and damage to your social body,
which you also need
to survive and prosper.
Just about all of us
have felt physical pain
and nearly all of us have felt
the heartbreak of home sickness,
the agony of bereavement,
the torment of unrequited love
and the pain of being shunt.
All of these are variations
on the experience of loneliness.
When I started to study
the effects of loneliness
and brain and biology
a couple of decades ago,
loneliness has been characterized
as a non-chronic disease
without redeeming features.
It was even equated
with shyness and depression
with being a loner, a person
with marginal social skills.
and sophisticated calculations,
to our surprise, revealed
that these were myths.
Science and common sense
had again produced
two very different depictions
of a phenomenon.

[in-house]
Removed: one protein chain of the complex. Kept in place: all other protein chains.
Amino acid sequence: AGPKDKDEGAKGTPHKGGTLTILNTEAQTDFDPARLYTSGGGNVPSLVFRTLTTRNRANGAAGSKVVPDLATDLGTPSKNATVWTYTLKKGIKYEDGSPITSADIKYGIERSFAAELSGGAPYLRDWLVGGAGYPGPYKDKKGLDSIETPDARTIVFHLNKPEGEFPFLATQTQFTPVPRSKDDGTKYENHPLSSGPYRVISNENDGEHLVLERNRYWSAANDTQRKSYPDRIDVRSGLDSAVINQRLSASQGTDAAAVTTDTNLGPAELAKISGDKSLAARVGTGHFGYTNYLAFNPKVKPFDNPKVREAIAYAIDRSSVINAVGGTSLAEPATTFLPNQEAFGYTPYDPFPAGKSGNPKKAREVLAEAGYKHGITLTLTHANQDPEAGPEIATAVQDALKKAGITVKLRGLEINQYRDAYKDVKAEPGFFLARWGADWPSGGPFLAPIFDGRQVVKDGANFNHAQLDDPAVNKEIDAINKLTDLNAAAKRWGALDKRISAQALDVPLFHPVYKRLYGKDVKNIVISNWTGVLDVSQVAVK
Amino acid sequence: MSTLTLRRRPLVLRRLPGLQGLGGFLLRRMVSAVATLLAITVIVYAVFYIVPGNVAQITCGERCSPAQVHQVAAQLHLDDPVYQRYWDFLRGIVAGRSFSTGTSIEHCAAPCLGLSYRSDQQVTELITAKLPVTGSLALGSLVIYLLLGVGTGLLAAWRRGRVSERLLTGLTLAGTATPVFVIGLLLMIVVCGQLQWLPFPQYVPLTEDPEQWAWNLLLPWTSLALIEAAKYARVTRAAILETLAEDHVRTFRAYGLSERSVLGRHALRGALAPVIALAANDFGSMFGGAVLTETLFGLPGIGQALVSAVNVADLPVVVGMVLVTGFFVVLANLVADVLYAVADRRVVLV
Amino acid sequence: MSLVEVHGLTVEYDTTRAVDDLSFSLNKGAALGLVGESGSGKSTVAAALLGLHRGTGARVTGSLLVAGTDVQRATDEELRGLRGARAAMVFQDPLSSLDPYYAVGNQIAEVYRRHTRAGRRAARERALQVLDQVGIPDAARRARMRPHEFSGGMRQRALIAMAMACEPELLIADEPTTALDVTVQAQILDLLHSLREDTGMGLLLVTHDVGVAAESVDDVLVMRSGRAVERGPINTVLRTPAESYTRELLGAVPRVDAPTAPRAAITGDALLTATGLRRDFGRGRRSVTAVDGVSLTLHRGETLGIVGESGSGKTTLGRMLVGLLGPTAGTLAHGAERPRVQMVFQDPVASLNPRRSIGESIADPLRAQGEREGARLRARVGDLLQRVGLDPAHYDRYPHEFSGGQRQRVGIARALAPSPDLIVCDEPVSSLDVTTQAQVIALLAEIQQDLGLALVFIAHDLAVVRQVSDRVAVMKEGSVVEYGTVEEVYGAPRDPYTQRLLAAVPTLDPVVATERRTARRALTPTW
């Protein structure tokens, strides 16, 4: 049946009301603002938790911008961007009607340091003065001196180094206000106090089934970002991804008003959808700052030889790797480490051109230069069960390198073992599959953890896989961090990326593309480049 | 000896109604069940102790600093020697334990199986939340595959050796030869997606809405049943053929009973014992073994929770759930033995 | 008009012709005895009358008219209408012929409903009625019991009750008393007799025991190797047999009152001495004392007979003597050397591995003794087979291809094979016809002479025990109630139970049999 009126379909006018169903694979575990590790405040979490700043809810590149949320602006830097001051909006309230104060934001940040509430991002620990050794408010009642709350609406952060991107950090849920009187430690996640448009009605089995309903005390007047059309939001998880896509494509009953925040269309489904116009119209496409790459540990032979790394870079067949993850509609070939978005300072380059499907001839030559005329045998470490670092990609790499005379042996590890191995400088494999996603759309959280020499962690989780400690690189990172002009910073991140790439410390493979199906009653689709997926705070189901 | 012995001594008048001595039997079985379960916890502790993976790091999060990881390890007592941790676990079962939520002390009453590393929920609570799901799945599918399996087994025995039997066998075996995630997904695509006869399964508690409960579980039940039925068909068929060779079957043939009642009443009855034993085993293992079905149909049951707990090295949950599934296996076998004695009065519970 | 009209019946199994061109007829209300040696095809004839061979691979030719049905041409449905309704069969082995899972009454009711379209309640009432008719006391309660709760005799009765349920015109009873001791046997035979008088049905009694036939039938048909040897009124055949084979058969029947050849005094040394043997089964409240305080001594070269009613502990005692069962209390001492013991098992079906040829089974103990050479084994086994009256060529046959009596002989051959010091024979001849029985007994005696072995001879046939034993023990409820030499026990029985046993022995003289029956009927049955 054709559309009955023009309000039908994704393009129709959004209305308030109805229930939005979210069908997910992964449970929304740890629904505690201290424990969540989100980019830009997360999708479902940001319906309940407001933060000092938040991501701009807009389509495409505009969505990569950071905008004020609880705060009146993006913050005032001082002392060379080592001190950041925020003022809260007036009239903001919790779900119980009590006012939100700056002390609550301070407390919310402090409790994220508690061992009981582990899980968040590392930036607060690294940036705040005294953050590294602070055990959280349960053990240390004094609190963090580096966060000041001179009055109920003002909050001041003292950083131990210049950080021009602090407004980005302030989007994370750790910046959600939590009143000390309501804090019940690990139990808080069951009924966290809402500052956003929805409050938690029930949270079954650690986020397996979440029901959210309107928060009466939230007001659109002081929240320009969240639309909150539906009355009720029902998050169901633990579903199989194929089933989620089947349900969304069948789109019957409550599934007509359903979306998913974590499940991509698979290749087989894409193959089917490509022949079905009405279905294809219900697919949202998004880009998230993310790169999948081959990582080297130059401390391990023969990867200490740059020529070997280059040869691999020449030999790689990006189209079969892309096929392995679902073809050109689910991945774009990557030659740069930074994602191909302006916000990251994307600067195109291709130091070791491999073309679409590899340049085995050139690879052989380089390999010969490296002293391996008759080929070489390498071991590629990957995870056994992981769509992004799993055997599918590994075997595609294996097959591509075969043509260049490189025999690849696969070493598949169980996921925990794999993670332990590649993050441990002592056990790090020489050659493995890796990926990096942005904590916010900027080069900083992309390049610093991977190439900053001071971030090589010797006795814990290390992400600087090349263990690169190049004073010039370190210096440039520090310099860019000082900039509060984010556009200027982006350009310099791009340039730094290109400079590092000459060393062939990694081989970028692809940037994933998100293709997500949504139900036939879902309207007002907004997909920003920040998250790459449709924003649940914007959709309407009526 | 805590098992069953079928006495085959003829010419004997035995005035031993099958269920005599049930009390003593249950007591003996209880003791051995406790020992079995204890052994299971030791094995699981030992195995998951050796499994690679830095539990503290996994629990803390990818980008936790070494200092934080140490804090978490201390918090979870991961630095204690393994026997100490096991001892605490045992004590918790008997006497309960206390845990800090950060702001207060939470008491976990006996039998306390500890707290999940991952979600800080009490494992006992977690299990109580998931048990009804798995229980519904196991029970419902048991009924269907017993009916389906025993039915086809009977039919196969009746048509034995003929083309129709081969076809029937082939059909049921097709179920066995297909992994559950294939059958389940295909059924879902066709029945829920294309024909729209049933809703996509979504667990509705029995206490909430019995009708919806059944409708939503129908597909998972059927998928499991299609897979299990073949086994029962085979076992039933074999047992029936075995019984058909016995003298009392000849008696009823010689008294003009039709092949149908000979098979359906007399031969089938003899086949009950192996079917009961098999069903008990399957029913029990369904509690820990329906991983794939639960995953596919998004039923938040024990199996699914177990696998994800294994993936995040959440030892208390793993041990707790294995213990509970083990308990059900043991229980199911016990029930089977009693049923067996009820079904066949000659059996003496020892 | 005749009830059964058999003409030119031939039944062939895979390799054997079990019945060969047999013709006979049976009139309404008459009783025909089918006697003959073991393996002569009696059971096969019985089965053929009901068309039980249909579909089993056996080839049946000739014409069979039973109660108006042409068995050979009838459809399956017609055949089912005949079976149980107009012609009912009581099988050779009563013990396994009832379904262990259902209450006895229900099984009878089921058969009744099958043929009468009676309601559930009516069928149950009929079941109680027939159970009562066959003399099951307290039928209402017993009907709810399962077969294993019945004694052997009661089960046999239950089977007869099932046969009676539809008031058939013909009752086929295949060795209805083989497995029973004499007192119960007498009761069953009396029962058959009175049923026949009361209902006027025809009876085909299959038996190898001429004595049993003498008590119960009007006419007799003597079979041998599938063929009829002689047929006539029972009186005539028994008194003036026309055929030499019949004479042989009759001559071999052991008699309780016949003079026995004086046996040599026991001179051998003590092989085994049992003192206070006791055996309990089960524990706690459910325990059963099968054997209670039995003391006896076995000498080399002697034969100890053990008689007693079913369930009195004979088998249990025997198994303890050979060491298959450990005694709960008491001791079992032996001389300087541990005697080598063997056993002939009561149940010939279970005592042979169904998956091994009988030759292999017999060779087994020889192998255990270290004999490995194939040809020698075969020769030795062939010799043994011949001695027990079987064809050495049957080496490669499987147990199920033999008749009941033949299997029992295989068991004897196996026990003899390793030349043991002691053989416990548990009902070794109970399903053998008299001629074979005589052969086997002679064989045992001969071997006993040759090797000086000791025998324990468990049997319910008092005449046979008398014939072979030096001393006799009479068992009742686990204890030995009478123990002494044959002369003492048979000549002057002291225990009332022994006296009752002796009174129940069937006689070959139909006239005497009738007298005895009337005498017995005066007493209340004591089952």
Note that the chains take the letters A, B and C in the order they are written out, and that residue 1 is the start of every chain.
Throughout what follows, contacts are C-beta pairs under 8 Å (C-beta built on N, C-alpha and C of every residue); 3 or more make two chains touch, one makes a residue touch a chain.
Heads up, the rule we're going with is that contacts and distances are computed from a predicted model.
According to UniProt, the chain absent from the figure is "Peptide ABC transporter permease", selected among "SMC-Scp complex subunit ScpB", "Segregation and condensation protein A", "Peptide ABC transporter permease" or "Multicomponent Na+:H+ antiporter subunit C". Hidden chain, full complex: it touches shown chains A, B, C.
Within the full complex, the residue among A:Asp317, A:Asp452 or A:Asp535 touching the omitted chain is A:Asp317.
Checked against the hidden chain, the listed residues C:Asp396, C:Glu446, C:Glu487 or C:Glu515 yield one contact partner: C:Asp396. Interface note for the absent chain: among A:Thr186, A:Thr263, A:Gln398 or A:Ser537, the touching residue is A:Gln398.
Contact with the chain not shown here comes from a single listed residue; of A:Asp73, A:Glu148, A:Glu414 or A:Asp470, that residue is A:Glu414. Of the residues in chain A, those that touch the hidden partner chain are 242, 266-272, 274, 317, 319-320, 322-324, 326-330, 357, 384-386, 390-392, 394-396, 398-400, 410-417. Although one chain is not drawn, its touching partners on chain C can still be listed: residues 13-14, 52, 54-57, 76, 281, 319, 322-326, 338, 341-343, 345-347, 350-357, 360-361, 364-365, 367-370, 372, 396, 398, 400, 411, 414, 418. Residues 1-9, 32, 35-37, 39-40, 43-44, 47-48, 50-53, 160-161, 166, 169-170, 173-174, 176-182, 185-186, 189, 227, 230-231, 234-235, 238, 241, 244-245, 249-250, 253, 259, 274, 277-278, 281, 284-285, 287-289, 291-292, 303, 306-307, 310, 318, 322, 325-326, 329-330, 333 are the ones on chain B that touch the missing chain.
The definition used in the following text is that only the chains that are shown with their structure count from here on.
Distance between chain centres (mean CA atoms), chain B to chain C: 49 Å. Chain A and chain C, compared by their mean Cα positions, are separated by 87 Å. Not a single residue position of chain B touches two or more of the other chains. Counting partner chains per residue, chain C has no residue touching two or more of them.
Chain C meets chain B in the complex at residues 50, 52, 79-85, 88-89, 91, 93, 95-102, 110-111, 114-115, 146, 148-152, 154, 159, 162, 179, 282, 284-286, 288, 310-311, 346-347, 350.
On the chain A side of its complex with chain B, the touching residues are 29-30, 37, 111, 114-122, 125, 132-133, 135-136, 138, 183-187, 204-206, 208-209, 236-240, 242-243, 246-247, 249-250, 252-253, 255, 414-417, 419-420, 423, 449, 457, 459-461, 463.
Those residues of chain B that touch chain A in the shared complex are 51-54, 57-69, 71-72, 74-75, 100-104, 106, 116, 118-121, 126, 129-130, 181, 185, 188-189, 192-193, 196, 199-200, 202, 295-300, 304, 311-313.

And yet if you look at the way
we are increasingly living our lives,
it shows the extent
to which we still buy in to
those myths of loneliness and
values of autonomy and independence.
For instance, if you look at
the percentage of one-person
housesolds in 1940 across the US
it was largely less than 15%
of the housesolds by state.
Fastforward to 1970,
and it’s grown to be
between 15 and 20%.
Fastforward to 2000
and it now exceeds 25%
in most states in America.
And that light blue state, Uhah
in 2010 census has gone darker blue.
The prevalence of loneliness
is also on the rise.
In the 1980s, scholars have
estimated that about 20% of Americans
felt lonelier than
at any given point of time.
Two recent nationally
representative surveys indicate
that this number has doubled,
but you don’t hear people
talking about feeling lonely,
and that’s because
loneliness is stigmatised.
The psychological equivalent to
being a loser in life or a weak person.
And this is truly unfortunate,
because it means we are